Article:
The Dreamer Hostel was like an oasis amidst the dusty roads, baked dry by the searing sun’s summer heat. The resort style pool looked so inviting that I wanted to jump in, clothes and all, but first, we had some more important matters to attend to. The bottom line was: We had too much stuff! There was absolutely no doubt about it. We simply could not travel around South America with our six backpacks, one pull along suitcase, sleeping bags, plus a food bag weighing us down. So we decided to take action. We decided to mail a whole bunch of stuff back to our RV in Miami and at the time, this seemed like a perfect idea. Then we spent 3 and a half hours racing around Santa Marta trying to find a postal service, which was surprisingly difficult, but the experience did make for a great labyrinthian familiarisation trek through Colombia’s oldest surviving city.
The final straw was that once we actually found it, we found out that it would cost over 100 dollars to mail one package by BOAT! Immediately we called the whole thing off and trudged back to the Hostel, a little deflated and half depressed. That’s when we saw the donation box in the lobby of the Hostel. We looked at each other and shrugged. All along, this was the option waiting for us to be taken. In the photos below you’ll be able to see the Before and After shots of that Donation Box, believe me, the change is drastic.
But I won’t lie – after stuffing, throwing and shoving all of our things that we deemed useless to us now into the box, mind you, in a furious frenzy, standing back it suddenly felt like a huge weight had been lifted off our shoulders, and it felt GOOD! Our things would now be available to others who truly needed and could use them. With nothing else standing in my way, I raced across the courtyard and KABOOM, straight into the pool I dived.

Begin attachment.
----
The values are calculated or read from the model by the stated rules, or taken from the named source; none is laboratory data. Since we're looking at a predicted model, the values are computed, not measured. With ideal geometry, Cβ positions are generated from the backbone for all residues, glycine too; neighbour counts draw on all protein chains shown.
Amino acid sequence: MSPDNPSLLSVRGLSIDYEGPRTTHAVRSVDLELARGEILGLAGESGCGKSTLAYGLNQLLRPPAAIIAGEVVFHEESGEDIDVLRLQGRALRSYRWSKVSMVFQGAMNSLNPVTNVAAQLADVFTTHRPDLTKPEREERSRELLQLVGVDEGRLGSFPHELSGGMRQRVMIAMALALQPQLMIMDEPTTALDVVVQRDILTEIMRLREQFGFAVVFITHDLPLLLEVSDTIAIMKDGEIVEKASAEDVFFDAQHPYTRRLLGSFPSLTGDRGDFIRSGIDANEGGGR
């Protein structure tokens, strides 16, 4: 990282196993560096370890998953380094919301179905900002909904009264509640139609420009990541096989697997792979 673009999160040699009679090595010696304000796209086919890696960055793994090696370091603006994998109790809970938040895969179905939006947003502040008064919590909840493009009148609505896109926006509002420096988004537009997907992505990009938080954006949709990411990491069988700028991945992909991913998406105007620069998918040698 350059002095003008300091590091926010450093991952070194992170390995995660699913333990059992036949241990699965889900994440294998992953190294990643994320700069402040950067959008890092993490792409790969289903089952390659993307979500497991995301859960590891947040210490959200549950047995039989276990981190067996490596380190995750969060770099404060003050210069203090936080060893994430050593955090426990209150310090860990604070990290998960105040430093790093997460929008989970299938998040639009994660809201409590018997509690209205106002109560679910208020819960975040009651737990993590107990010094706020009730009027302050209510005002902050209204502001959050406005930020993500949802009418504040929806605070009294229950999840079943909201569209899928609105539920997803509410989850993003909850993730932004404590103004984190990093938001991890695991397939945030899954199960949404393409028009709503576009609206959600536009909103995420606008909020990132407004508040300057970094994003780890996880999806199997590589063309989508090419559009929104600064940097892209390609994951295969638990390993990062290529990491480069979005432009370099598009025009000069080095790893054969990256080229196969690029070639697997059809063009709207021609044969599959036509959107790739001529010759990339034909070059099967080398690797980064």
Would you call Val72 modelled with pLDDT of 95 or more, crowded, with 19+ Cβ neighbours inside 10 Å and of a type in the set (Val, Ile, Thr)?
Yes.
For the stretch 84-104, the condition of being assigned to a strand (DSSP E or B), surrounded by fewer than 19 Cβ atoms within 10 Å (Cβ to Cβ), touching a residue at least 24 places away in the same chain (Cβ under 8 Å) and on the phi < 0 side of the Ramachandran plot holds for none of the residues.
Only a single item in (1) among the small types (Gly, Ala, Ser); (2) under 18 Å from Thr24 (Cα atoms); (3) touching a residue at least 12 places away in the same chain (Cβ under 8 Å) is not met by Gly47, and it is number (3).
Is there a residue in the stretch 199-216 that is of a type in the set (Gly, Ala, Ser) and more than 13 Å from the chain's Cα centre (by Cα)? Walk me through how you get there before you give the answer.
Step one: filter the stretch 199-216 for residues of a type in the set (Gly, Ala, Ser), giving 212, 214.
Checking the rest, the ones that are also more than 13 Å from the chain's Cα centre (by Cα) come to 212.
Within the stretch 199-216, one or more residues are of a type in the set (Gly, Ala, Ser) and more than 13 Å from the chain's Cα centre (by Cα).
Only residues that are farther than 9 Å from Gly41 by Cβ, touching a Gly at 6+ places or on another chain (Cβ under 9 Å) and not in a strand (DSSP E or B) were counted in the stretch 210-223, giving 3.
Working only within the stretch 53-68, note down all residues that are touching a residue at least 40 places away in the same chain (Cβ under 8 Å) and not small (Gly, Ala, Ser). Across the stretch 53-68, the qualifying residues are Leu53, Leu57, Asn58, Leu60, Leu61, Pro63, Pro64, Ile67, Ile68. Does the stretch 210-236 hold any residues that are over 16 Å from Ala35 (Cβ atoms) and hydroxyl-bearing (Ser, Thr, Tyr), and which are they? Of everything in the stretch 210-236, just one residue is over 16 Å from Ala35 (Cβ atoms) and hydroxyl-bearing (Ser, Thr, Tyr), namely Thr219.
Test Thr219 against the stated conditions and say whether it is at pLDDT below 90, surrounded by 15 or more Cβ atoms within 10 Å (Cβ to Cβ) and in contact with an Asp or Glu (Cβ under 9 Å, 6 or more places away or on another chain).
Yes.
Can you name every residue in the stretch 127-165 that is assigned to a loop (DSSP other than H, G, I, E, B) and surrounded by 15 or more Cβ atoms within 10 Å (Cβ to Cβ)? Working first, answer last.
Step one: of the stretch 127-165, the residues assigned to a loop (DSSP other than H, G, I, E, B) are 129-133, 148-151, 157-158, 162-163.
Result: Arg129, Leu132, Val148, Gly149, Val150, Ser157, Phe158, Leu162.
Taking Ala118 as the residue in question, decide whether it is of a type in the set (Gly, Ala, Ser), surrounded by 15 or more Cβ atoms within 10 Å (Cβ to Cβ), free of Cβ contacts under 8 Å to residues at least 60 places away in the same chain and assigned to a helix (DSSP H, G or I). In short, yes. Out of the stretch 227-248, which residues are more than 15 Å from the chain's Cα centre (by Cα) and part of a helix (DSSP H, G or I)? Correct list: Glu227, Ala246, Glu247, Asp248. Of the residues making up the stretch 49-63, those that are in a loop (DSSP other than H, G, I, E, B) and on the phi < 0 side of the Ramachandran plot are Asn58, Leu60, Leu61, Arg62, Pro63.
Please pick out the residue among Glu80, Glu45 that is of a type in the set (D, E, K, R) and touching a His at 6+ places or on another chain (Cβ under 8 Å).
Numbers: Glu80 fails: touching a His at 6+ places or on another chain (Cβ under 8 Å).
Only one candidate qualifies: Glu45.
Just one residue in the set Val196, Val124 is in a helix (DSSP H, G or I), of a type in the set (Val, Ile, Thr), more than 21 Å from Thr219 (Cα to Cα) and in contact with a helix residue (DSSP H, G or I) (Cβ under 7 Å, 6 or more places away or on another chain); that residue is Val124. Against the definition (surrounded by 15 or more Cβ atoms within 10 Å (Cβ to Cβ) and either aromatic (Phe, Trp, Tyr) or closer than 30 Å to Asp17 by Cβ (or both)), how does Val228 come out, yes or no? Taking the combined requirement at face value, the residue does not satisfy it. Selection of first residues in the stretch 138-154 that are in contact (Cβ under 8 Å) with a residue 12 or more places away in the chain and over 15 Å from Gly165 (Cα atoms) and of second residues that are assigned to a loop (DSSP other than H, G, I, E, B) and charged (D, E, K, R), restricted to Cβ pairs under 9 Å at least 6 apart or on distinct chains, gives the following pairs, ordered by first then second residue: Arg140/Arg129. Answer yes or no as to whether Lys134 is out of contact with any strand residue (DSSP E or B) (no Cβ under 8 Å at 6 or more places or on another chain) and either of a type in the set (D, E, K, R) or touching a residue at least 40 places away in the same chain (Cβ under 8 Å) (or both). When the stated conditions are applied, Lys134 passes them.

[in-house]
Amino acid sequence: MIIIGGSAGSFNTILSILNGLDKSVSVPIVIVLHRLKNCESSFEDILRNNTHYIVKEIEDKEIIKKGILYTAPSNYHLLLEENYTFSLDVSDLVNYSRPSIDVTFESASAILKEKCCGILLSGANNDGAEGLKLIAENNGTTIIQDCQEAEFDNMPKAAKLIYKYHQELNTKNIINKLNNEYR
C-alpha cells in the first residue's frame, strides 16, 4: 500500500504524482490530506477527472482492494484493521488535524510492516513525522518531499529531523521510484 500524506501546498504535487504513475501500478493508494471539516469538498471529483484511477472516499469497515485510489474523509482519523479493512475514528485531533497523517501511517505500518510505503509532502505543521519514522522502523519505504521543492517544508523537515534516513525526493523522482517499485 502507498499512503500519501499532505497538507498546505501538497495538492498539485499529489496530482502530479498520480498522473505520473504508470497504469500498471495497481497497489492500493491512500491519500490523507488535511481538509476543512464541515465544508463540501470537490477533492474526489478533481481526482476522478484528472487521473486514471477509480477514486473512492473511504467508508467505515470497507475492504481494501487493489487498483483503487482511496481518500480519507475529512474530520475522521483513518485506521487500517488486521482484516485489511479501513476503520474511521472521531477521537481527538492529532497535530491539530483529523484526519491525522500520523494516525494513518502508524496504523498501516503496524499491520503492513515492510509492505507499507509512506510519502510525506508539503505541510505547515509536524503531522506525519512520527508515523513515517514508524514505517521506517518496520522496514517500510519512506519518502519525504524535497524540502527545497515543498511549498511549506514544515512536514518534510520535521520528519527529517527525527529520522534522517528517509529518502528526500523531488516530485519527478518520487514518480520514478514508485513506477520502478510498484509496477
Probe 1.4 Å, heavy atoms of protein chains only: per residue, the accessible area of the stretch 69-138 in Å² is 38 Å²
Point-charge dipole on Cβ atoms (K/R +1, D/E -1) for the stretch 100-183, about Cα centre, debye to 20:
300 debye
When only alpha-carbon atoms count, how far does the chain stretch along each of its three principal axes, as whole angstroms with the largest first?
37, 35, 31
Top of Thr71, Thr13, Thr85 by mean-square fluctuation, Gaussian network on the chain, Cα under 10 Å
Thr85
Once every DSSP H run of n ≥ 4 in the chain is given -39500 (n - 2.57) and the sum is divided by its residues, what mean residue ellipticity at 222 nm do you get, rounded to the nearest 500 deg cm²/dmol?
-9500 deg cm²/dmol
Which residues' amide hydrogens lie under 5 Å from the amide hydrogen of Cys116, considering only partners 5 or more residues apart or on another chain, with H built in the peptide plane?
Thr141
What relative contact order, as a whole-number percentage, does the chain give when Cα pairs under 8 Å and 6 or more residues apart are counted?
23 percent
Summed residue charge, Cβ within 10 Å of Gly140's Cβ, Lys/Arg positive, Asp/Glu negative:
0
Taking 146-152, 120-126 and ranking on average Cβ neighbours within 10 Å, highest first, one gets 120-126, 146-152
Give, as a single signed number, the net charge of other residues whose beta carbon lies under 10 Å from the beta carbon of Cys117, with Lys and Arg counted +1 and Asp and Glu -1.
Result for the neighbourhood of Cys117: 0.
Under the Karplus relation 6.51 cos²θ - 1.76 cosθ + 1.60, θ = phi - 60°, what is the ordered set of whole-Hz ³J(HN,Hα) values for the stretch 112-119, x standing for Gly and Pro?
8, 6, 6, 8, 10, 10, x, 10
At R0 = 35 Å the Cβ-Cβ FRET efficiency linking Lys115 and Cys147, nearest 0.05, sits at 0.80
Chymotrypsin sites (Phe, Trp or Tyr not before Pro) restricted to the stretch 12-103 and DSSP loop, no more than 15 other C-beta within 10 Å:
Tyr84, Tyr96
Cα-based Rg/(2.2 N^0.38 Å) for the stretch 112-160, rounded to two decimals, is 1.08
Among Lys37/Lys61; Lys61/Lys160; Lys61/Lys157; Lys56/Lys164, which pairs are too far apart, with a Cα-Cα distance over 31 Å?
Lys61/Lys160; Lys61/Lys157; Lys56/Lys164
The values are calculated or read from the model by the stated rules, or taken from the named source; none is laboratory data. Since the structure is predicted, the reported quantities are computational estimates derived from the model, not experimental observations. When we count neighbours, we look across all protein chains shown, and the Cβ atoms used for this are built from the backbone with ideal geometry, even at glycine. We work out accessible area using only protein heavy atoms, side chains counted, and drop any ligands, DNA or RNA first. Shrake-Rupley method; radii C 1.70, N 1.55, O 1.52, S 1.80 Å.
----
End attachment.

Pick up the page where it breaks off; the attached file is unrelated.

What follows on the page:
Soon it was twilight and the hostel restaurant began to fill up with people, as well as the communal pool table where Lalika had been invited to play a game with some other backpackers. From my vantage point, he was doing pretty well too. As I was squinting to see what ball Lalika had sunk, I felt the water ripple and turned around to find that three older girls (in their twenties) had entered the pool. They had begun playing around with a beach ball, throwing it back and forth to each other. Then one of the girl’s hands slipped off the wet surface of the brightly colored toy and fell away from her, landing right next to me. I picked it up and tossed it back to them with a smile. However, before I could look away again, one of the girls with long black hair almost down to her waist, called out to me. “What is your name?” She had a strong accent, you could definitely tell that she could speak Spanish. “Réka,” I replied, “What’s yours?”
“Brenda,” she said with a smile, “Where are you from?”
“Australia” I returned. Before I could ask where she was from, all three girls gasped in amazement. “Really?!” they said in excitement. “Wow, come over here and tell us a little bit about your country. There are lots of Kangaroos right!?” I smiled and went over. Soon we were elbow deep in conversation and were having a great time talking. Turns out Brenda was from Mexico and was here on holiday with her two best friends. We continued chatting until it was pitch black, and Mum beckoned for me to get out of the pool. Before I could leave, Brenda said that she would love to see me again and anytime we were in Mexico, we were welcome to stay with her. I returned the invite and then gave Brenda a hug before exiting the pool.